Asked the question “What impact did winning the IMPAC award (currently $127,000) have on your life and your work?“, Pamuk replied “Nothing changed in my life since I work all the time. I’ve spent 30 years writing fiction. For the first 10 years, I worried about money and no one asked how much money I made. The second decade I spent money and no one was asking about that. And I’ve spent the last 10 years with everyone expecting to hear how I spend the money, which I will not do.”

Pamuk’s most recent novel is Kar in 2002 (English translation, Snow, 2004), which explores the conflict between Islamism and Westernism in modern Turkey. The New York Times listed Snow as one of its Ten Best Books of 2004. He also published a memoir/travelogue İstanbul — Hatıralar ve Şehir in 2003 (English version, Istanbul — Memories of a City, 2005). Orhan Pamuk won in 2005 the €25,000 Peace Prize of the German Book Trade for his literary work, in which “Europe and Islamic Turkey find a place for one another.” The most prestigious German book prize was awarded in the Paul’s Church in Frankfurt.

Pamuk’s books are characterized by a confusion or loss of identity brought on in part by the conflict between European and Islamic values. They are often disturbing or unsettling, but include complex, intriguing plots and characters of great depth. His works are also redolent with discussion and fascination with the creative arts, such as literature and painting. Pamuk’s work often touches on the deep-rooted tension between East and West and tradition and secularism.

On October 12, 2006, the Swedish Academy announced that Orhan Pamuk had won the 2006 Nobel Prize in literature, confounding pundits and oddsmakers who had made Syrian poet Ali Ahmad Said, known as Adunis, a favorite.[4] In its citation, the Academy said: “In the quest for the melancholic soul of his native city, [Pamuk] has discovered new symbols for the clash and interlacing of cultures.”[3]

In Turkey, a new discussion has begun about effects of his interview in a Swiss newspaper in which he stated that “30,000 Kurds and 1 million Armenians were killed in these lands” to winning the 2006 Nobel Prize. CNN

In 2005, ultra-nationalist lawyers of two Turkish professional associations brought criminal charges against Pamuk[5] after the author made a statement regarding the Armenian Genocide of 1915-1917[6][7] and the massacre of 30,000 Kurds in Anatolia. The charges were dropped on 22 January 2006. He has subsequently stated his intent was to draw attention to freedom of expression issues.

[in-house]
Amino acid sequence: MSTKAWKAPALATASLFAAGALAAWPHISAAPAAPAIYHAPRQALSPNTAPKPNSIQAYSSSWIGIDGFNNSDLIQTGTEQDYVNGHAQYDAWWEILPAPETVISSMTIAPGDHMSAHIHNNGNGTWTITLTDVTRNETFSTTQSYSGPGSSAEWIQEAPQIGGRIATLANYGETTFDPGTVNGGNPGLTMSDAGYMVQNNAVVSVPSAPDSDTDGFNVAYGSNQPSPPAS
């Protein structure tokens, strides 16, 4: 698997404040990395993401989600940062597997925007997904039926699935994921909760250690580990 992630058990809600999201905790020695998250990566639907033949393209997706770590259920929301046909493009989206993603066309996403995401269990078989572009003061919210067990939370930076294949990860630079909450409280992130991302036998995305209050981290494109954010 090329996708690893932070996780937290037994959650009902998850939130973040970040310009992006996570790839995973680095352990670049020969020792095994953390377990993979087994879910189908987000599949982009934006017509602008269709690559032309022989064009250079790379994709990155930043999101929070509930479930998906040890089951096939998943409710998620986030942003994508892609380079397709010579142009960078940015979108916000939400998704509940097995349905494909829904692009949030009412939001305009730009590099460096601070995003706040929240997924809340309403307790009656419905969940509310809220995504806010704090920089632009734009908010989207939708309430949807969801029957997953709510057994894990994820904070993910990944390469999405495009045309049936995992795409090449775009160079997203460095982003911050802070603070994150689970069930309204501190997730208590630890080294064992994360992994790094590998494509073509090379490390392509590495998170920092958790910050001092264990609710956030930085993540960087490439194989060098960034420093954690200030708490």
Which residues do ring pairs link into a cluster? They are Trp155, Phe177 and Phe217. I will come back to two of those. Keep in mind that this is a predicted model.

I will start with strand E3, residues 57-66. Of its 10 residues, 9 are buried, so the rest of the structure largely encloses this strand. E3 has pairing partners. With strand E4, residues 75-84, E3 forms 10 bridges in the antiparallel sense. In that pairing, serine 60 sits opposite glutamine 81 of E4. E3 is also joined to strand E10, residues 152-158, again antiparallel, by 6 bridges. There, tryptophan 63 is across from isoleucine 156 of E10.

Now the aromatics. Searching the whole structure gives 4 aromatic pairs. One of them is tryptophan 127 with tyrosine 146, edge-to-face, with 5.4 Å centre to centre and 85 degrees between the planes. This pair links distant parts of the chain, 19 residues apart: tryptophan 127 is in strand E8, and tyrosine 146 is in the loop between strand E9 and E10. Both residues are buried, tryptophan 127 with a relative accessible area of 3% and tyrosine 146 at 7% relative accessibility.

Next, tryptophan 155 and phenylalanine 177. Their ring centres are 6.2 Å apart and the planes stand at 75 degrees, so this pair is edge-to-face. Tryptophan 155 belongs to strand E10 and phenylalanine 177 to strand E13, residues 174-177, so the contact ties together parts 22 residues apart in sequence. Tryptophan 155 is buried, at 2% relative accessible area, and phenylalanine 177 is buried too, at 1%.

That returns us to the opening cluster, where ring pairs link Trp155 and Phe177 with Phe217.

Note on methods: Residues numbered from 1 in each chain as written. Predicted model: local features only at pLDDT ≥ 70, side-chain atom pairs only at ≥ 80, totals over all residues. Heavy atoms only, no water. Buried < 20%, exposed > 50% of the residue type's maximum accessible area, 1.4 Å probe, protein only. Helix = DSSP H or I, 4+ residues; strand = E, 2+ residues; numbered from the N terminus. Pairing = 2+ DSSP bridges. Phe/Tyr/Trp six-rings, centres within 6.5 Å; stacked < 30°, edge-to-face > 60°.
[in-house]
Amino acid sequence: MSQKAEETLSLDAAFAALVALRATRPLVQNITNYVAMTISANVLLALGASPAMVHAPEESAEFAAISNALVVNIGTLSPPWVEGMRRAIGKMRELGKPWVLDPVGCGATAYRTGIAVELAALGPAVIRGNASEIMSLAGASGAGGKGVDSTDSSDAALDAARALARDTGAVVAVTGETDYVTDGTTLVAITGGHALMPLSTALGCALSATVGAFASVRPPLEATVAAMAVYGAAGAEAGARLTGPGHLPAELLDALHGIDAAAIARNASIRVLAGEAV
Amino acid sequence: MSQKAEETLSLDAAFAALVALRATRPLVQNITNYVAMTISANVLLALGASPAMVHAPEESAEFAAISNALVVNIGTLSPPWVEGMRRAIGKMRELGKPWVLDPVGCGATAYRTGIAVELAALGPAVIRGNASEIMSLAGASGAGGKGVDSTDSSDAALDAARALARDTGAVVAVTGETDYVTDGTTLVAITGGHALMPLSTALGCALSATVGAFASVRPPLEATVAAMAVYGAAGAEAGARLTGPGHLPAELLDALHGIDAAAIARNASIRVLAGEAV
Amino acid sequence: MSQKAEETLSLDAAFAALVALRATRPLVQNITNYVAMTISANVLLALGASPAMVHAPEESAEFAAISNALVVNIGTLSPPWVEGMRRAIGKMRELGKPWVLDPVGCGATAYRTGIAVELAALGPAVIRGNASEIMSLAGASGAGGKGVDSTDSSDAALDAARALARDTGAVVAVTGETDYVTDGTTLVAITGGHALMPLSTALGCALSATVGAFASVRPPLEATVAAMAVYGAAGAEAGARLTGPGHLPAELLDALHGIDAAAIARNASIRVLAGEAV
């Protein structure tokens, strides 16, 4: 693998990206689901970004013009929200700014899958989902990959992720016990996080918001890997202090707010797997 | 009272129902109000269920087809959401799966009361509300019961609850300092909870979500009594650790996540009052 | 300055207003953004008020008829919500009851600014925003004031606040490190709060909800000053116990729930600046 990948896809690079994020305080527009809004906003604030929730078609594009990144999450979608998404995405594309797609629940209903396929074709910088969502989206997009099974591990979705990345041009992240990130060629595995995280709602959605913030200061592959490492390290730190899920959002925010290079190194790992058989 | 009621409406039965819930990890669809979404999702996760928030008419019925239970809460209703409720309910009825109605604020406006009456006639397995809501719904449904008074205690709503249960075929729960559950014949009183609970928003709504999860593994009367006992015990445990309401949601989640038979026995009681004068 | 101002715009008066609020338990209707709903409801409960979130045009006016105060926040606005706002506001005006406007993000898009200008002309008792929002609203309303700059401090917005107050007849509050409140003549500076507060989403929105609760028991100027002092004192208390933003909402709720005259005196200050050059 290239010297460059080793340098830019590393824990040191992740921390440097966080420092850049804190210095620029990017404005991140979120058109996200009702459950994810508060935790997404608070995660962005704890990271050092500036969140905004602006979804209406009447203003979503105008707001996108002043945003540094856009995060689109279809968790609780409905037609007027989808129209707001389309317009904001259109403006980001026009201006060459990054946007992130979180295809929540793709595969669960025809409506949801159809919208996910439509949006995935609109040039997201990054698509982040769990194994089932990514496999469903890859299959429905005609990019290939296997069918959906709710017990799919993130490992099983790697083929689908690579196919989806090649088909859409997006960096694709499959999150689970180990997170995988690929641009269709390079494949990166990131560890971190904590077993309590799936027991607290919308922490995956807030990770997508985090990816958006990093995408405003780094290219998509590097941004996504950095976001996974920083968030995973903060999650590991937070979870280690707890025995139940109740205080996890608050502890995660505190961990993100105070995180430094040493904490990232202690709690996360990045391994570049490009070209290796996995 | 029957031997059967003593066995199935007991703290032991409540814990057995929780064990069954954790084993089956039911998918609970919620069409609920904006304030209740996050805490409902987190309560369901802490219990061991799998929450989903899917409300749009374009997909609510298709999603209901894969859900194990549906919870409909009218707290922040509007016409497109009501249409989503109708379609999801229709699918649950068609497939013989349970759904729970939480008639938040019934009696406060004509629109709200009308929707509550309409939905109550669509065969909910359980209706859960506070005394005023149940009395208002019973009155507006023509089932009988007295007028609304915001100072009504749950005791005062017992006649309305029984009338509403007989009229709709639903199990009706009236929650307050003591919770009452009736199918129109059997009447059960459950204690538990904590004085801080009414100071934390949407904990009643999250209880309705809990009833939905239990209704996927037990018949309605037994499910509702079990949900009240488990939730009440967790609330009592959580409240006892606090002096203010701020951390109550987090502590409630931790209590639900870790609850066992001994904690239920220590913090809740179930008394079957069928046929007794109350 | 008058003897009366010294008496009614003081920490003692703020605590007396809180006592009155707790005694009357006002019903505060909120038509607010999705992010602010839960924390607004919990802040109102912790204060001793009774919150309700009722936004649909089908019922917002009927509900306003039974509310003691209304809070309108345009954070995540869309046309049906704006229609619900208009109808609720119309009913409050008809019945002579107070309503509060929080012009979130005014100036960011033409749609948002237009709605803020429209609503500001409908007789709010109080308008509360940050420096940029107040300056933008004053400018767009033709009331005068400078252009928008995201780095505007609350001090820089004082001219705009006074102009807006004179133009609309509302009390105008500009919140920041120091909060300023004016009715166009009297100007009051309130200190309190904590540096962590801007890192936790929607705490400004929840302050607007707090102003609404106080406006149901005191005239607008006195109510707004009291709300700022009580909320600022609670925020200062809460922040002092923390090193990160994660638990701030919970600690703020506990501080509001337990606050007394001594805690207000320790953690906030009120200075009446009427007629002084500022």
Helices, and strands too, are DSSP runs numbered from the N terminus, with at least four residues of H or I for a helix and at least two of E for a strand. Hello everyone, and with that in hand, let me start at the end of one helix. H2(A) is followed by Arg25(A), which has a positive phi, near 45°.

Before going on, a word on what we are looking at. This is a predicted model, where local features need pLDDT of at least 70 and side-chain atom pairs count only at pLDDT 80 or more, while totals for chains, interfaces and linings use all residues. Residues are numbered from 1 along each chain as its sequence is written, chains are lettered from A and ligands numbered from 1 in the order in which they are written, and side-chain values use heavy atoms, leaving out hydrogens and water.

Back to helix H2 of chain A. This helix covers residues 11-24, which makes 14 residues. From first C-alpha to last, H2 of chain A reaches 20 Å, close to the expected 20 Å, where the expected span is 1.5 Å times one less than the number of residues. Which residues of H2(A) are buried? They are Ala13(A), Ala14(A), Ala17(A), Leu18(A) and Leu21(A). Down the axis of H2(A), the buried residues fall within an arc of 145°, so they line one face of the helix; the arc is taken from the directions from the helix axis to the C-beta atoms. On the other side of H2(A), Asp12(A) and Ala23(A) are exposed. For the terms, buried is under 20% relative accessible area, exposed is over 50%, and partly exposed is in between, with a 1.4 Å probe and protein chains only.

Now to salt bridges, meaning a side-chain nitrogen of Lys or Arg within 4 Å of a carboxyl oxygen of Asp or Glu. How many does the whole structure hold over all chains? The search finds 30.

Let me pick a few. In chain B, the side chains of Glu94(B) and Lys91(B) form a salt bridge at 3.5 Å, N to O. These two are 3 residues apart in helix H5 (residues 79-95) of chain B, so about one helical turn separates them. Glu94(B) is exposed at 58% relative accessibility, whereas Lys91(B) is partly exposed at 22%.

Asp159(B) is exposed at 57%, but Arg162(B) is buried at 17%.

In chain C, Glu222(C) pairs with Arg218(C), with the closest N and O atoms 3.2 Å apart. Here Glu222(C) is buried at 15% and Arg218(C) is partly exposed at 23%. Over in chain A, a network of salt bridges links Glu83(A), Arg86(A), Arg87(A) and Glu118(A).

[edit]
Pamuk’s statements
The criminal charges against Pamuk resulted from remarks he made concerning the Armenian Genocide (1915-17) during an interview in February 2005 with the Swiss publication Das Magazin, a weekly supplement to a number of Swiss daily newspapers: the Tages-Anzeiger, the Basler Zeitung, the Berner Zeitung and the Solothurner Tagblatt. In the interview, Pamuk stated, “Thirty thousand Kurds and a million Armenians were killed in these lands and nobody dares to talk about it.”

Pamuk has said that after the Swiss interview was published, he was subjected to a hate campaign that forced him to flee the country. He returned later in 2005, however, to face the charges against him. In an interview with BBC News, he said that he wanted to defend freedom of speech, which was Turkey’s only hope for coming to terms with its history: “What happened to the Ottoman Armenians in 1915 was a major thing that was hidden from the Turkish nation; it was a taboo. But we have to be able to talk about the past.”[8]

[edit]
Prosecution
In June 2005, Turkey introduced a new penal code including Article 301, which states: “A person who, being a Turk, explicitly insults the Republic or Turkish Grand National Assembly, shall be imposed to a penalty of imprisonment for a term of six months to three years.” Pamuk was retroactively charged with violating this law in the interview he had given four months earlier. In October, after the prosecution had begun, Pamuk reiterated his views in a speech given during an award ceremony in Germany: “I repeat, I said loud and clear that one million Armenians and 30,000 Kurds were killed in Turkey.”[9]